The contraceptive Pill and MS: behind the Daily Mail headlines

Today's attention grabbing Daily Mail headline ("Multiple sclerosis linked to contraceptive pill: Risk could be up to 50% higher in women who take it") will no doubt have caused much alarm.

We've written a blog post to try to give the article some context, and to provide some much needed background:

See the full article here:

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10 Replies

  • Great stuff Sorrel!

    A great summary of why we should always take a good hard look at the source of a story and if - as in this case - it's a conference report, we should take it with a grain of salt.

  • What if it's from a respected organisation such as the World Health Organisation, and they receive funding from the USDA for instance; how should we take it?

  • Even from the Daily Mail article I could not see that the pill increased MS risk by up to 50%. It did say that women with MS were up to 50% more likely to have taken the pill, which statistically is not the same thing. But quoting the maximum in a range of values is very poor science and potentially misleading.

    I do think it is reprehensible to go public with results which are incomplete and have not even been reviewed by peers at a conference.

  • The mail article said:

    "Those who had used the contraceptives but had stopped at least one month before symptoms started were 50 per cent more likely to develop MS."

    But again, this is unhelpful and even meaningless if they do not say what the baseline risk for the population is

  • There is a real clarity issue here.

    Newspaper love saying thing like DOUBLE THE RISK! rather than increase the risk from 1% to 2% , for instance. And the trouble is that researchers fall into the same trap. Researchers should be banned from using relative numbers and use actual figures.

    As a very rough guess, if in the UK around 200 per 100,000 women get MS that is a risk of around 0.2%. If this study (assuming it is right) says risk is increased by 29%, then that raises the risk to 0.258% - an increase of 0.058%... er, I think.

    NB: I am unsure of the real figures since we don't have an accurate figure of how many women in the UK have MS, but I think this is around the estimated area .... :)

    Anyway, whatever the figures are, that is how they should be delivered - there are plenty of people who will read that headline and say "If I take the pill, I have a 50% chance of getting MS"

    We are very bad at percentages in this country - this is not a problem with education, but a direct result of the confusing way they are used in the media. The MetOffice for years refused to give out the percentage chance of precipitation because they thought "the British public is not sophisticated enough to understand what a percentage is"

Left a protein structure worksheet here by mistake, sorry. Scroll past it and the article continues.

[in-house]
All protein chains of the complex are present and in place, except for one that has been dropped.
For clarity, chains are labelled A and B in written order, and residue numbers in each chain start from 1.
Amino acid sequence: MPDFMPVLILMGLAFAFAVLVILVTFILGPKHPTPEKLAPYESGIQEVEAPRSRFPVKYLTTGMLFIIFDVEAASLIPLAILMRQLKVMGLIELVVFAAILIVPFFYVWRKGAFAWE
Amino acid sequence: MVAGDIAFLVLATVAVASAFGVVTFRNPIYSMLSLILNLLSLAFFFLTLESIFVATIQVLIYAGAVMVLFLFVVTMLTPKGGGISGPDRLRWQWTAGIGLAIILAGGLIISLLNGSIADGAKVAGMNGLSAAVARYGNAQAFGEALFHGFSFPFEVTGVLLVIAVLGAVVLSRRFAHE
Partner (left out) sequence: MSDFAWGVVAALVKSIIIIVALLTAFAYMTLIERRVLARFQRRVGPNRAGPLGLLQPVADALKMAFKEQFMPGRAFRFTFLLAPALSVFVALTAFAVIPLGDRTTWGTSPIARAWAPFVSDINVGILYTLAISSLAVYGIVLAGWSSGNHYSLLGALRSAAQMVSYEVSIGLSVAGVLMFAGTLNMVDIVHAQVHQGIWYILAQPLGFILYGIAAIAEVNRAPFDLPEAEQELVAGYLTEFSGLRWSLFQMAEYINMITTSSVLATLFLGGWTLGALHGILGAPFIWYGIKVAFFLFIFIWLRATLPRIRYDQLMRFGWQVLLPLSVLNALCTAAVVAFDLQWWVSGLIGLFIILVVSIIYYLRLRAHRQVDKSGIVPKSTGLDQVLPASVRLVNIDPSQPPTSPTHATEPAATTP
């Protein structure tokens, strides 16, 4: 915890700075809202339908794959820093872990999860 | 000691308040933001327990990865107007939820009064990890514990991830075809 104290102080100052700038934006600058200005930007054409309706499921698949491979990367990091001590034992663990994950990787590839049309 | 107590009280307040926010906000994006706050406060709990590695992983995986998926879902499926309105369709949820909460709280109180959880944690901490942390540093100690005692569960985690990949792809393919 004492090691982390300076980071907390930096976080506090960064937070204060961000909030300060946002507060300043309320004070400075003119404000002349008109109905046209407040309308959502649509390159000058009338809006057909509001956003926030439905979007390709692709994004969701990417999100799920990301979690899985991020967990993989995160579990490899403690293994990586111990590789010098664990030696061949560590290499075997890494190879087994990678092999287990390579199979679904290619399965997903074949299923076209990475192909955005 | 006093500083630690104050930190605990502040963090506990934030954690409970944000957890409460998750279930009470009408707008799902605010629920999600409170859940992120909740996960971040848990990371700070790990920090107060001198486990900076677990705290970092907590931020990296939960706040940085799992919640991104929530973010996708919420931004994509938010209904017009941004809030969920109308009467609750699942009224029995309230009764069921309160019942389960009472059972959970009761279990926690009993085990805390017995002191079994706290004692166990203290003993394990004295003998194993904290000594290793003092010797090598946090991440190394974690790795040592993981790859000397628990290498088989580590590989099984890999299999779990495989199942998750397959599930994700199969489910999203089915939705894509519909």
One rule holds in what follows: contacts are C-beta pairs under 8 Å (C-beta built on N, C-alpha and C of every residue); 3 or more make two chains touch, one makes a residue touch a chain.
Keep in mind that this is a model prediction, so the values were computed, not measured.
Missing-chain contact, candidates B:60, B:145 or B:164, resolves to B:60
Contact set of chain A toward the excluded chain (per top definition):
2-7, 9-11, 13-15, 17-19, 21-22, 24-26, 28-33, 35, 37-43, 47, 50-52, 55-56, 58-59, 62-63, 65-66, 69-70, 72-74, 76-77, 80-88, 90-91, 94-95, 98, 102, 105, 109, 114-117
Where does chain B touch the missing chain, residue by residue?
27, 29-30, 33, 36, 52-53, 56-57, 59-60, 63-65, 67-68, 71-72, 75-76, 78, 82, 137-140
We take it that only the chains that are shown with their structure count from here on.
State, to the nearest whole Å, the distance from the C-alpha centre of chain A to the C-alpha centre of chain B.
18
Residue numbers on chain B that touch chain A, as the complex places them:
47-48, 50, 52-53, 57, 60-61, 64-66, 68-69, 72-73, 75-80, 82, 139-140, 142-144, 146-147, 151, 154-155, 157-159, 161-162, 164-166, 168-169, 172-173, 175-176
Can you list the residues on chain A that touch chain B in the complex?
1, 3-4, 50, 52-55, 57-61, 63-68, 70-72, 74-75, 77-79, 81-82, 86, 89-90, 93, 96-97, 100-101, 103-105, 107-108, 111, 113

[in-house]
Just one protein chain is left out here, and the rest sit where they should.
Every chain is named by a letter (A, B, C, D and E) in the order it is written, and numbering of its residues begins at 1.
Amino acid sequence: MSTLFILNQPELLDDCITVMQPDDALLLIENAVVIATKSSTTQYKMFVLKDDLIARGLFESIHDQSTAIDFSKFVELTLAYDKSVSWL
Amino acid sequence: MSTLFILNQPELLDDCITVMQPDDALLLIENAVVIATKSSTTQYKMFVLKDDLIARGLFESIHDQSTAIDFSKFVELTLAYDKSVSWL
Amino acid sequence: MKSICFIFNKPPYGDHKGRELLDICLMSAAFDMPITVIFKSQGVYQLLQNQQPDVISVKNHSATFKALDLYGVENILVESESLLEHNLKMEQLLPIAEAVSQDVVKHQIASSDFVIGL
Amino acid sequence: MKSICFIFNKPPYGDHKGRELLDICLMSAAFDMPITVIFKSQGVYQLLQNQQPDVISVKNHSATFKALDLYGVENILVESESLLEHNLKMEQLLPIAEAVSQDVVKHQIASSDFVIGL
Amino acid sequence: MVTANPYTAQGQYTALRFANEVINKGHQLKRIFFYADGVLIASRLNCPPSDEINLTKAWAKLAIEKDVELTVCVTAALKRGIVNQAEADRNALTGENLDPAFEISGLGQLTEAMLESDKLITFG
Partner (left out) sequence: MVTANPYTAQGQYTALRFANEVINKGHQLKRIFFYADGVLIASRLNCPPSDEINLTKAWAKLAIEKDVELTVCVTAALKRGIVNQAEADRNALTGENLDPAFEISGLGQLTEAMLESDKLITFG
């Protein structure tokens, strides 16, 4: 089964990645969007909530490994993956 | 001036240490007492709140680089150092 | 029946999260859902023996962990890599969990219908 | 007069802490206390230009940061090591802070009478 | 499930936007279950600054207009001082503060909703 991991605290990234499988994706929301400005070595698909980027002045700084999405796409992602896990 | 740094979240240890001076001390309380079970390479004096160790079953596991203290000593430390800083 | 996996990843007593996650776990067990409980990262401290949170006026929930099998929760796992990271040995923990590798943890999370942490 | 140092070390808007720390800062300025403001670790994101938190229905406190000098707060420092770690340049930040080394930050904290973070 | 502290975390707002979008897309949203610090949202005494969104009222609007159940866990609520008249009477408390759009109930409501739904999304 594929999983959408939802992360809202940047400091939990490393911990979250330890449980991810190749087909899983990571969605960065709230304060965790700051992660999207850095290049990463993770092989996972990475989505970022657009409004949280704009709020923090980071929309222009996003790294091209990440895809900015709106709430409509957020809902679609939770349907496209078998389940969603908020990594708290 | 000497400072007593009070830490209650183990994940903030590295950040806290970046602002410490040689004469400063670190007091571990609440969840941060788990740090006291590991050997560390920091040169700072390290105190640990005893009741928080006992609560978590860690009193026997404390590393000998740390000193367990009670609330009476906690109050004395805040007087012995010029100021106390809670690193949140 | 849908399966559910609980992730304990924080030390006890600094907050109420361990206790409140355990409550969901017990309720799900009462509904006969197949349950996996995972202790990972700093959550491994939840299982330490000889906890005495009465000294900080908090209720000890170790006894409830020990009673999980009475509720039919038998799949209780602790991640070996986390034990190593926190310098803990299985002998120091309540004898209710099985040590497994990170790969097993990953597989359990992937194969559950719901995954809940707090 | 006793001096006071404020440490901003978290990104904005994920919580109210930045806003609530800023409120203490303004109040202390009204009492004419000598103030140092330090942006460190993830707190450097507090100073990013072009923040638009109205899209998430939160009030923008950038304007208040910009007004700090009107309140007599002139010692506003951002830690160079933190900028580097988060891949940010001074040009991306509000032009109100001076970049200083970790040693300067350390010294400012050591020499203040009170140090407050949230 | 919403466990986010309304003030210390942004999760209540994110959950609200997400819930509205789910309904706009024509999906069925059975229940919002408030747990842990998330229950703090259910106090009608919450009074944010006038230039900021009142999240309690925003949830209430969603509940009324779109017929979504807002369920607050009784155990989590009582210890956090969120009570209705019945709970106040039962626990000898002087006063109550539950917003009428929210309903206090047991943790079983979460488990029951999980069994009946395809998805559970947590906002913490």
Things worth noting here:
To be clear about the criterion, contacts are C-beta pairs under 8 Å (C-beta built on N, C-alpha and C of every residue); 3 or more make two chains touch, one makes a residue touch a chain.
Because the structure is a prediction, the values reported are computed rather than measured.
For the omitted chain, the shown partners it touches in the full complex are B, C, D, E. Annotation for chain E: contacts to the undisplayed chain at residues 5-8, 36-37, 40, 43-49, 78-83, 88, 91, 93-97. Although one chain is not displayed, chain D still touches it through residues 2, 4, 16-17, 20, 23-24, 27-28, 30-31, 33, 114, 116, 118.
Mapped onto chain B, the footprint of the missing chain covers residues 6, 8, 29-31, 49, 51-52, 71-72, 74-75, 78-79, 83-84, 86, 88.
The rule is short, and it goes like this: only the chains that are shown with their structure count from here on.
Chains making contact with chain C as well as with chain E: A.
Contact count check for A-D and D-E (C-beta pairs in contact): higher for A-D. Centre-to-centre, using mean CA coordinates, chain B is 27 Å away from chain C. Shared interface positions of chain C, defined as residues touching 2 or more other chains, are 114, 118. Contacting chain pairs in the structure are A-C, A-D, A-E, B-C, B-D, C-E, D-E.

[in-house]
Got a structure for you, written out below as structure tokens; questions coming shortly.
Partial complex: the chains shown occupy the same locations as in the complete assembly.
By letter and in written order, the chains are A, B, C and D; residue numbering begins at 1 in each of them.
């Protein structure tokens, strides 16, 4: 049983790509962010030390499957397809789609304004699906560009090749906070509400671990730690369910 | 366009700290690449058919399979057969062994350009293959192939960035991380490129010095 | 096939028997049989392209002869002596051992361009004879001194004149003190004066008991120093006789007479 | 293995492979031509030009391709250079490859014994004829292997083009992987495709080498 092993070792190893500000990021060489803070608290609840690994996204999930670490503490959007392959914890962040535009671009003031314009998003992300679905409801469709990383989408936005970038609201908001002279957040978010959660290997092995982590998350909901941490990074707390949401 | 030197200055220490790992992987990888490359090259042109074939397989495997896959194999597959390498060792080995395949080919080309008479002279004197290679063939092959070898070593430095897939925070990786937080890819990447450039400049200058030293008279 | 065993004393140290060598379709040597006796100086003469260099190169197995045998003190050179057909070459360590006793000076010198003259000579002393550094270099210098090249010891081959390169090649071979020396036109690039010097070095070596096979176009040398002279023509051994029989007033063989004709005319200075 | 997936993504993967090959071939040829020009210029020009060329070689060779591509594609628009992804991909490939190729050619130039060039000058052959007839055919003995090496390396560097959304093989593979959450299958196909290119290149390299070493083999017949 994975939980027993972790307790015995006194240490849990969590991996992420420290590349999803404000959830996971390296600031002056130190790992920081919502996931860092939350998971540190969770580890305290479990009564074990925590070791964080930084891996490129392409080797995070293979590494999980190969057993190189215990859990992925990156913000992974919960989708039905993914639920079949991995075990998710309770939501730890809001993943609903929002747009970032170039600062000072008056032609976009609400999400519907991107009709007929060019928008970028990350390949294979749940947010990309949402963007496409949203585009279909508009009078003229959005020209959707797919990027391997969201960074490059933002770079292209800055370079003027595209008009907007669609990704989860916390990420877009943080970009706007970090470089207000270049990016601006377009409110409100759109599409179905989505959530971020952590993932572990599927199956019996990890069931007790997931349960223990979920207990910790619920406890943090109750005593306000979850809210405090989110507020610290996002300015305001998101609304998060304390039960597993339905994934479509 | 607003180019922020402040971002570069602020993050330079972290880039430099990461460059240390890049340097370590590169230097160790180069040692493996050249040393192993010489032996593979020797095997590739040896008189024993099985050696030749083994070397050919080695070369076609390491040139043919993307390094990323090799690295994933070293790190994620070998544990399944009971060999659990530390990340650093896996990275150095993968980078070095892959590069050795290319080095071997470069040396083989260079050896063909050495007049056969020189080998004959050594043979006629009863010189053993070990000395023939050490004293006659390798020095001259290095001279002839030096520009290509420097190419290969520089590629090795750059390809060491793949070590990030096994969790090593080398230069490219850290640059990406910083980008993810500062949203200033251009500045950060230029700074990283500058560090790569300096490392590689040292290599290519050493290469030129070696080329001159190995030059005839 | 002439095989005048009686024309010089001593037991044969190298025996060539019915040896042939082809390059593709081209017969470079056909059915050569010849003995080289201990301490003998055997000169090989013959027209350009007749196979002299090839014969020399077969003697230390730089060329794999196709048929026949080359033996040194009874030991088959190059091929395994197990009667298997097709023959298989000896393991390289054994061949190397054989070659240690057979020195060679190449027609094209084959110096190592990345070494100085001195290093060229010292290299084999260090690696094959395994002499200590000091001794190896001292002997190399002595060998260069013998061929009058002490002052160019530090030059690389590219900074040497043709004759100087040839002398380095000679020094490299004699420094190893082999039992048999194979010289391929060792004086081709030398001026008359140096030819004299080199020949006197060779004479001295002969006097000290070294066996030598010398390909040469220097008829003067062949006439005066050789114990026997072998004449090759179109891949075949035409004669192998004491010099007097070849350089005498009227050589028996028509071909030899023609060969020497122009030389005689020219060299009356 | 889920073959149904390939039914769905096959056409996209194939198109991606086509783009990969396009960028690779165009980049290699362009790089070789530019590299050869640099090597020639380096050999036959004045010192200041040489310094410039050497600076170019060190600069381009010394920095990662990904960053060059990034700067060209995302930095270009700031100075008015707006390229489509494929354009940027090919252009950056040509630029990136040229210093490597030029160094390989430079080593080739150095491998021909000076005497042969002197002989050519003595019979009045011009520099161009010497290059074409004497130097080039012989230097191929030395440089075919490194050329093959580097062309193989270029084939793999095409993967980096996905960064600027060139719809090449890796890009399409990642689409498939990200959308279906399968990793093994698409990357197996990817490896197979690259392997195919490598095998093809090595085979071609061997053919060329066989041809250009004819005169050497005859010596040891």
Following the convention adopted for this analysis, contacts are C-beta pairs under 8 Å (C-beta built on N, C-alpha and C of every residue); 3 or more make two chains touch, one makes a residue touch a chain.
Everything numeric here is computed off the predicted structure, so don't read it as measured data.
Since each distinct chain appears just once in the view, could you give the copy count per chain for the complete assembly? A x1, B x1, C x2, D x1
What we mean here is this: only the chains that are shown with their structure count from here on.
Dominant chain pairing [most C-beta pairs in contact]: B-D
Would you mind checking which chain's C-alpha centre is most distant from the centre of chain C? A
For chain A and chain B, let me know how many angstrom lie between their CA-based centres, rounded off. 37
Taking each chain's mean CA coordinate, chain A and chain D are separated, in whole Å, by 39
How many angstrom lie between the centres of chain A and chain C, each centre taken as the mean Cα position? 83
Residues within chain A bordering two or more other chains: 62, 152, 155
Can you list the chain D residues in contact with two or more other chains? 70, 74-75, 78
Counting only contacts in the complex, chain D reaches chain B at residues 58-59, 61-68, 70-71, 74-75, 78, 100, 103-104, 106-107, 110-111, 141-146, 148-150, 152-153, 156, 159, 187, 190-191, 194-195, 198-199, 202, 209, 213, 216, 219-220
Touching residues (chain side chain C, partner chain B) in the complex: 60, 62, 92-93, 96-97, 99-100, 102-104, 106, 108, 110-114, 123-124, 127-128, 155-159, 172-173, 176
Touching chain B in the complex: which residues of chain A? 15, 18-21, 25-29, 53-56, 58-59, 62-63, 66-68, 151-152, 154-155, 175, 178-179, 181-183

Strangely, when they did start using them, there did not seem a problem with understanding the numbers, but many people did not understand what Precipitation meant. Oh well....

    Sorrel, can you add something to your article about the actual increase in risk - preferably at the top - just to comfort the few who panic?

  • Risk is very poorly understood by the general public. If that were not the case, it would be impossible to run the National Lottery.

    You are absolutely(!) right about relative vs absolute risk. I expect no better of the Daily Mail, but I don't expect scientists to mislead by using inflated estimates of risk.

  • Actually, journalists often don't understand this and when I used to work on scientific programmes I was stunned by the number of scientists who got it confused as well - they were fine when sitting there working it out but it all became a mess the moment we turned the microphone on!

    I am a great believer in plain English and comparative explanations. So, saying things like "two people out of every one hundred thousand" might not sound natty and scientific, but is definitely understandable.

    Until someone asks "which two?"


  • Slightly off key, but very much connecting, have you seen the 'You Tube' (short video) of :-

    'Dr Gandy and B12 deficiency'

    and how easily he cured a woman with MS.

    I have also been reading how much MS is being misdiagnosis.

  • I think you mean Dr Chandy and the woman did not have MS but had symptoms that were "MS like" and a consequence of a B12 deficiency.

    However, he ran into trouble because though he had kept his own records he had not shared his evidence with others, gone through a peer review procedure and so on, so it was not clear whether all his patients were being diagnosed with deficiency correctly, or whether he may be missing something else.

    He set up the support group several years ago and has had quite a bit of coverage for his campaign. The BBC Inside Out program was three years ago and I am not sure what has happened since that time and his website is a mess, which does not help!

  • A job well done, Sorrel!

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